While gross hydrothermal fluxes entering the ocean are known to be significant, much remains unknown about the fate of this material as it disperses through the oceans, and its impact upon ocean biogeochemistry. Mineral precipitation within hydrothermal plumes removes hydrothermally-sourced metals from solution and also acts to scavenge trace elements from the surrounding water column. Here, we investigate the fate of particulate Fe released from high-temperature hydrothermal venting at EPR 9°50′N and its potential impact on local deep-ocean Fe-isotopic and geochemical budgets. We measured the geochemical composition, mineralogy and Fe isotope systematics of hydrothermal plume products in order to determine whether mineral precipitation imposes characteristic Fe-isotope “fingerprints” for hydrothermally sourced Fe in the deep ocean. Our sampling includes sediment trap deployments after the eruptive event of Jan. 2006, allowing the examination of temporal changes of hydrothermal fluxes over a 160 day period. Results show that Fe isotope composition in the high-temperature vent fluids is rather constant over the sampling period 2004–2008, and that secular variations of δ56Fe values of plume particles from − 0.03 to − 0.91‰ (relative to IRMM-14 standard) could be explained by local processes leading to variable mixing extents of hydrothermal, biogenic and lithogenic particles. Through geochemical modeling, we have calculated the relative abundances of hydrothermal plume components such as sulfides, Fe oxyhydroxides, organic matter, biogenic and lithogenic phases. We demonstrate that Fe isotope fractionation in the hydrothermal plume occurs during the formation and rapid settling of Fe-sulfides that are characterized by δ56Fe values ranging from − 0.73 ± 0.13‰ to − 0.86 ± 0.13‰, which is systematically lower than the end-member hydrothermal fluids (δ56Fe = − 0.4‰). This study suggests that both the initial Fe isotope composition of the high-temperature vent fluids and its initial Fe/H2S ratio (i.e. Fe-sulfide precipitation versus Fe-oxyhydroxide precipitation) should impose characteristic Fe isotope “fingerprints” for hydrothermally derived Fe in the deep ocean.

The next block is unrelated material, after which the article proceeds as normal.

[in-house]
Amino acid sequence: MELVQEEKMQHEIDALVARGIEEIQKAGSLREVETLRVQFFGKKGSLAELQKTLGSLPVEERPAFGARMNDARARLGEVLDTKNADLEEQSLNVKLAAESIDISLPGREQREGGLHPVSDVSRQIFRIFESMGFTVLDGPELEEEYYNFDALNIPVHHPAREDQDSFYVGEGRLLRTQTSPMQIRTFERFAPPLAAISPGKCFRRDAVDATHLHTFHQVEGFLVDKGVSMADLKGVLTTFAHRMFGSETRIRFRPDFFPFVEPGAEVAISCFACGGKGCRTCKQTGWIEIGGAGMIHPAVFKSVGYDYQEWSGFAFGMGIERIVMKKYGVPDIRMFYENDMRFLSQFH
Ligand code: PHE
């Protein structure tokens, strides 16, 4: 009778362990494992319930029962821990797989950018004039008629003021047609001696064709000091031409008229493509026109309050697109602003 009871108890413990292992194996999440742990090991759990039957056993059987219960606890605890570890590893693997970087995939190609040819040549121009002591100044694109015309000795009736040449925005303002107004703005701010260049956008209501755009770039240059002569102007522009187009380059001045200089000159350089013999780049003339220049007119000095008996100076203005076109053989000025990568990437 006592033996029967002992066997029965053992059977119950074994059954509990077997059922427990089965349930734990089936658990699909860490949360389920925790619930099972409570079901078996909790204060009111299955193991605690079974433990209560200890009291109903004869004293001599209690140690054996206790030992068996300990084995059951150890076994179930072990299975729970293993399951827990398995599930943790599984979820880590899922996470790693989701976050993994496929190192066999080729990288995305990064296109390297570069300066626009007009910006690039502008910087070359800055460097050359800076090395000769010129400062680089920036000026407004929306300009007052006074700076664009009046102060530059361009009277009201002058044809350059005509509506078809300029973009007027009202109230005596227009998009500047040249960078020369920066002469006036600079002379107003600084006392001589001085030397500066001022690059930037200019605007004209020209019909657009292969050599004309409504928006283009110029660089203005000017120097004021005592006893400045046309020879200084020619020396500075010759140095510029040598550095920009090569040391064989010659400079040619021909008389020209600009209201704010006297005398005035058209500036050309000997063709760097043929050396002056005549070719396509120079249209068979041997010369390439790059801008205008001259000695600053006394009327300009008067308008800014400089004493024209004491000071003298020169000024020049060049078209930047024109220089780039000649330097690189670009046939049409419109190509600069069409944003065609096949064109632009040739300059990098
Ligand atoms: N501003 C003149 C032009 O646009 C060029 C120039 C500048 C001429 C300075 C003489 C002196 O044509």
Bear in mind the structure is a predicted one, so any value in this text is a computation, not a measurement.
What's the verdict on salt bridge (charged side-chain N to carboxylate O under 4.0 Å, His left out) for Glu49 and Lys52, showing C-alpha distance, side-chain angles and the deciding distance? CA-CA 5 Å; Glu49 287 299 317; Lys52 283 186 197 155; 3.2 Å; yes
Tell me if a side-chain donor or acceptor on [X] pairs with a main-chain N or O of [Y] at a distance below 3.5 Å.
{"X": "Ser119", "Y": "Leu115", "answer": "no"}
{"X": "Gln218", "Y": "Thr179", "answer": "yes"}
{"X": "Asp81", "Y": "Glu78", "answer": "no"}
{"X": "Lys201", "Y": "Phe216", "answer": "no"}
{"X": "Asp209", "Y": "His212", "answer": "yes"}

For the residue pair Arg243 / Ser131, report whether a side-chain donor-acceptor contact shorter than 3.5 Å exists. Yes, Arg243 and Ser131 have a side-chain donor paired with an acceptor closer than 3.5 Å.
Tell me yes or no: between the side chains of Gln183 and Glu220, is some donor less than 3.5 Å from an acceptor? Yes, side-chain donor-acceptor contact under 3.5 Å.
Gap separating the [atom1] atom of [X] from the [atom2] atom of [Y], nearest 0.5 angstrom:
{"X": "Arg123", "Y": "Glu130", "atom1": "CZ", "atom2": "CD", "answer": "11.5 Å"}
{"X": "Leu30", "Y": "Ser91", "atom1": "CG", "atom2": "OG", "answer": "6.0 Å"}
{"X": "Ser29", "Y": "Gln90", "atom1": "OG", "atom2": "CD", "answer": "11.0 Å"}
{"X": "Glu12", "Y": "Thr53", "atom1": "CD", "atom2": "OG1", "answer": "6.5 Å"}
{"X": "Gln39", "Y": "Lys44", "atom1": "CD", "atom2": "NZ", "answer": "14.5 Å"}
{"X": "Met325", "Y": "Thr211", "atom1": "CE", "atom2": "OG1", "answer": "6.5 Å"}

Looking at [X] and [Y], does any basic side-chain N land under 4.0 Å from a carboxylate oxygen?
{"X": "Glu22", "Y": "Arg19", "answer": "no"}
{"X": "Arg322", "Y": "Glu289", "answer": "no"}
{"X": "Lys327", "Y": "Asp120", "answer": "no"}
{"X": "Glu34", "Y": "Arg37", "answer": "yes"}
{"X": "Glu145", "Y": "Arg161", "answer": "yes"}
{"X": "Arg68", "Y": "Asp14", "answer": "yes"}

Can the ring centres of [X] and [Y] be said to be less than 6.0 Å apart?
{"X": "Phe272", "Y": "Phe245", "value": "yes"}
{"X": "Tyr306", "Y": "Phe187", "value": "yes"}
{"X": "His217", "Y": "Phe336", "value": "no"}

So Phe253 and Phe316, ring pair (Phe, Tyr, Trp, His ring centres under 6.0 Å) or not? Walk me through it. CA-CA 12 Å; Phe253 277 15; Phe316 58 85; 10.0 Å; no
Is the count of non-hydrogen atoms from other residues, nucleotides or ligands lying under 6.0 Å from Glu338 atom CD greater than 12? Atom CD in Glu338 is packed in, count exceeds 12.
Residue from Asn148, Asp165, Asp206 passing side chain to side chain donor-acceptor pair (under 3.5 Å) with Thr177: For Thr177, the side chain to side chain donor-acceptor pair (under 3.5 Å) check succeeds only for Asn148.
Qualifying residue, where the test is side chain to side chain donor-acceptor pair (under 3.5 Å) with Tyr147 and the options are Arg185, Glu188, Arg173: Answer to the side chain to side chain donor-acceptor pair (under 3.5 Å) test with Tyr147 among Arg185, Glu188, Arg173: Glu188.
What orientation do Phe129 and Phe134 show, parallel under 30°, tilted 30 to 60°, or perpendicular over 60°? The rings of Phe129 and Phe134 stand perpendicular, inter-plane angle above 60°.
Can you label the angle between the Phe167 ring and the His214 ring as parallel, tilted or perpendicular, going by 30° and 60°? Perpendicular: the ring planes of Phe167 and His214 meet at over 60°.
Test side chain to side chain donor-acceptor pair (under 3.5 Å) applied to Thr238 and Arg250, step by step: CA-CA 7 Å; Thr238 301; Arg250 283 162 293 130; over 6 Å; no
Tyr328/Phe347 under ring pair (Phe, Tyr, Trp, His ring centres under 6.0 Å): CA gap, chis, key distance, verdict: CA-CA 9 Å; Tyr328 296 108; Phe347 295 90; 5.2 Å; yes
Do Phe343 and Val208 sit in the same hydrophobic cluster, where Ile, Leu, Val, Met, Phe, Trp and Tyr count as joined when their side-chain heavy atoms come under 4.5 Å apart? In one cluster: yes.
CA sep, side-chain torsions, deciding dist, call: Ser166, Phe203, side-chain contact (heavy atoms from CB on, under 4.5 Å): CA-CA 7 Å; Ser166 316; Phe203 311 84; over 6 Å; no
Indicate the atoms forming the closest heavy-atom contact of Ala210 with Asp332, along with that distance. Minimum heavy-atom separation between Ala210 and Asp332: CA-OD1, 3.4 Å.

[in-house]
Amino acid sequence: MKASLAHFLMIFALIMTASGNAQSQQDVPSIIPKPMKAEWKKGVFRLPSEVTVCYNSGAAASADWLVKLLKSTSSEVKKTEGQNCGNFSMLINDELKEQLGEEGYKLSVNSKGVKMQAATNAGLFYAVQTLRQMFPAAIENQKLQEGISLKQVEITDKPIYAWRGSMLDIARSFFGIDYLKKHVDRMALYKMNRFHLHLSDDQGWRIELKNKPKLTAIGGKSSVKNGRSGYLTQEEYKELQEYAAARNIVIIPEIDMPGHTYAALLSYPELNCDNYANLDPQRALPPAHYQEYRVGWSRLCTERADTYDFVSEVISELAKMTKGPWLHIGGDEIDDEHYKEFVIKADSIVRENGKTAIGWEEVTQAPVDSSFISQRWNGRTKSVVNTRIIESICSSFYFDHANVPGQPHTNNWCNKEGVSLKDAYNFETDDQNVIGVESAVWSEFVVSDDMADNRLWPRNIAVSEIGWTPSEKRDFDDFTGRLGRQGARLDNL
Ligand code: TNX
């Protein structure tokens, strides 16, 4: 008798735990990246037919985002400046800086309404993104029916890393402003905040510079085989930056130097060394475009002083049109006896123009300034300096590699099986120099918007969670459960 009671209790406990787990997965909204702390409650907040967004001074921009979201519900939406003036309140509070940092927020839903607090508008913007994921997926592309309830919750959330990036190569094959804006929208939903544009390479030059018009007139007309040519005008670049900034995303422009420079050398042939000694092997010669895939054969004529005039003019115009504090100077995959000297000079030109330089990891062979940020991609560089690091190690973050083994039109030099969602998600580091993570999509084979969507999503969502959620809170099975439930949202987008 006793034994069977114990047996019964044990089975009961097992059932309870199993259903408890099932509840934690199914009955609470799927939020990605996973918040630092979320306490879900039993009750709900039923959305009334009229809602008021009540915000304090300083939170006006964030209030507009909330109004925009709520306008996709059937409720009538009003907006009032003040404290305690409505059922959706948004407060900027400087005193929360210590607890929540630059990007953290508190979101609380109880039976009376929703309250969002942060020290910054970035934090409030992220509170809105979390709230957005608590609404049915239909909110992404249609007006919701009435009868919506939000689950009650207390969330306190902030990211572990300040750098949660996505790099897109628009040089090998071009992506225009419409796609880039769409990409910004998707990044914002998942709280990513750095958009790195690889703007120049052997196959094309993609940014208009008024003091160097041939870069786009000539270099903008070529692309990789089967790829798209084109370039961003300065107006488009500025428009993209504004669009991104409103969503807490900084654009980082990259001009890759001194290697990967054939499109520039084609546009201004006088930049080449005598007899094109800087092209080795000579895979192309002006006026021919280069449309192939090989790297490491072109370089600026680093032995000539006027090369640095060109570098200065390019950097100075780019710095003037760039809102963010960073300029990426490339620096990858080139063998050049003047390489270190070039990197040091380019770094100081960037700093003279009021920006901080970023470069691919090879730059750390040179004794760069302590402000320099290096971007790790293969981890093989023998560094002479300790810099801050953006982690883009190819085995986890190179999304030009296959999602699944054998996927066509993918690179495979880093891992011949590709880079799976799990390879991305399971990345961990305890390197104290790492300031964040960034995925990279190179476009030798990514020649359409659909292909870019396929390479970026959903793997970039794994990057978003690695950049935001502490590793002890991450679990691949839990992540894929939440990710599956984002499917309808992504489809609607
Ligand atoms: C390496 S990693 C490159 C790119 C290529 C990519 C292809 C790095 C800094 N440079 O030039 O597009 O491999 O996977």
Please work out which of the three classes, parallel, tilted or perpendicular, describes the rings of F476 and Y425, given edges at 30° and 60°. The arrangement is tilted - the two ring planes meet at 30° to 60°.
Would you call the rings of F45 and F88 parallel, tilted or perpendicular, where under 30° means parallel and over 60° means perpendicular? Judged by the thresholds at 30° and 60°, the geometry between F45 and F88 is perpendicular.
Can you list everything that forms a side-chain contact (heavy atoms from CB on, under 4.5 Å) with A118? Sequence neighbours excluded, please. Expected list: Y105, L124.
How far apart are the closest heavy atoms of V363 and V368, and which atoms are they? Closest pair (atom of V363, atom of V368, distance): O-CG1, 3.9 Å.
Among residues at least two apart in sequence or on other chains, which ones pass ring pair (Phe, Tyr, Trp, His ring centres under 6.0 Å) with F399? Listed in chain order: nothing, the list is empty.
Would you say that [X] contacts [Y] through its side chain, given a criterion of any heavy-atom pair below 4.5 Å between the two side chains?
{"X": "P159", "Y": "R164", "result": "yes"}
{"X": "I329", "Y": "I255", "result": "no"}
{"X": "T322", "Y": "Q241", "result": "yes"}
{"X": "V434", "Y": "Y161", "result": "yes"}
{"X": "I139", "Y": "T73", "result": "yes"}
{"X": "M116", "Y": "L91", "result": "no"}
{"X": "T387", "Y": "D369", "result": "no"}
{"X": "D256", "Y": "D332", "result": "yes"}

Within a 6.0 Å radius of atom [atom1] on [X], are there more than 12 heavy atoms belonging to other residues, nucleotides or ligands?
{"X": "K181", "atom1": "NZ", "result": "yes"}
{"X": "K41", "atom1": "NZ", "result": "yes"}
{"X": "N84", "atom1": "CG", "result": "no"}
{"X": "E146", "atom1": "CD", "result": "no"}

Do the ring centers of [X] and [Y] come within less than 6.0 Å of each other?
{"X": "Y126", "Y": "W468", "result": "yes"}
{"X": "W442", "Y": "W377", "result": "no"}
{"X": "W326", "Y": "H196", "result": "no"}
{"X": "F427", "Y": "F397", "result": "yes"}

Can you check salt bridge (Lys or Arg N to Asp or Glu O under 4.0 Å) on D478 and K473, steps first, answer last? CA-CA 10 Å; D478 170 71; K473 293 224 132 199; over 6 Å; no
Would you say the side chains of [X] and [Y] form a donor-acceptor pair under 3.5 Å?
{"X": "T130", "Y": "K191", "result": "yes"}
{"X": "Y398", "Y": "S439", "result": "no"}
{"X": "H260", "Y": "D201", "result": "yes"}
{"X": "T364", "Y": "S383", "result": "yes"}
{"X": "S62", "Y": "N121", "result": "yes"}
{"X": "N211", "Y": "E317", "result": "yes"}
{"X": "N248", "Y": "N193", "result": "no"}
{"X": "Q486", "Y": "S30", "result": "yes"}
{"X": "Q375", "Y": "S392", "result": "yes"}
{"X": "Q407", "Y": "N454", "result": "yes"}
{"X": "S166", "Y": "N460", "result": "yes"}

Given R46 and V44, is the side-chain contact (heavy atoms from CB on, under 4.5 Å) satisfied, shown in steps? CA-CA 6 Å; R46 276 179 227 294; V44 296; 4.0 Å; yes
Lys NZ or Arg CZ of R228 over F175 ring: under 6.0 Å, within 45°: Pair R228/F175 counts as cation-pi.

Bibliographical noteFunding Information:
We thank Diane Adams and Lauren Mullineaux for sediment trap deployments at the EPR and Bill Seyfried for providing hydrothermal fluid samples from the oceanographic cruise AT-15. Support for sediment trap analysis was funded by OCE - 0647948 , awarded to CRG and OJR. We thank Maureen Auro for laboratory assistance at WHOI, Lary Ball and Emmanuel Ponzevera for daily maintenance of the MC-ICPMS and Yoan Germain for help with hydrothermal fluid analysis. We thank Bill Seyfried and Andrea Thurnherr for their helpful comments on the manuscript. Financial support for this work was also provided by the Labex Mer ( ANR-10-LABX-19-01 ), Europole Mer and FP7 ( #247837 ) grants to OJR. We thank M.A. Marcus for research support at the Advanced Light Source beamline 10.3.2. The Advanced Light Source is supported by the Office of Science, Basic Energy Sciences, Division of Materials Science of the U.S. Department of Energy ( DE-AC02-05CH11231 ).
© 2016 Elsevier B.V.
- Hydrothermal plume
- Iron isotopes
- Marine particles
- Mid-ocean ridges
- Seafloor hydrothermal systems
- Sediment traps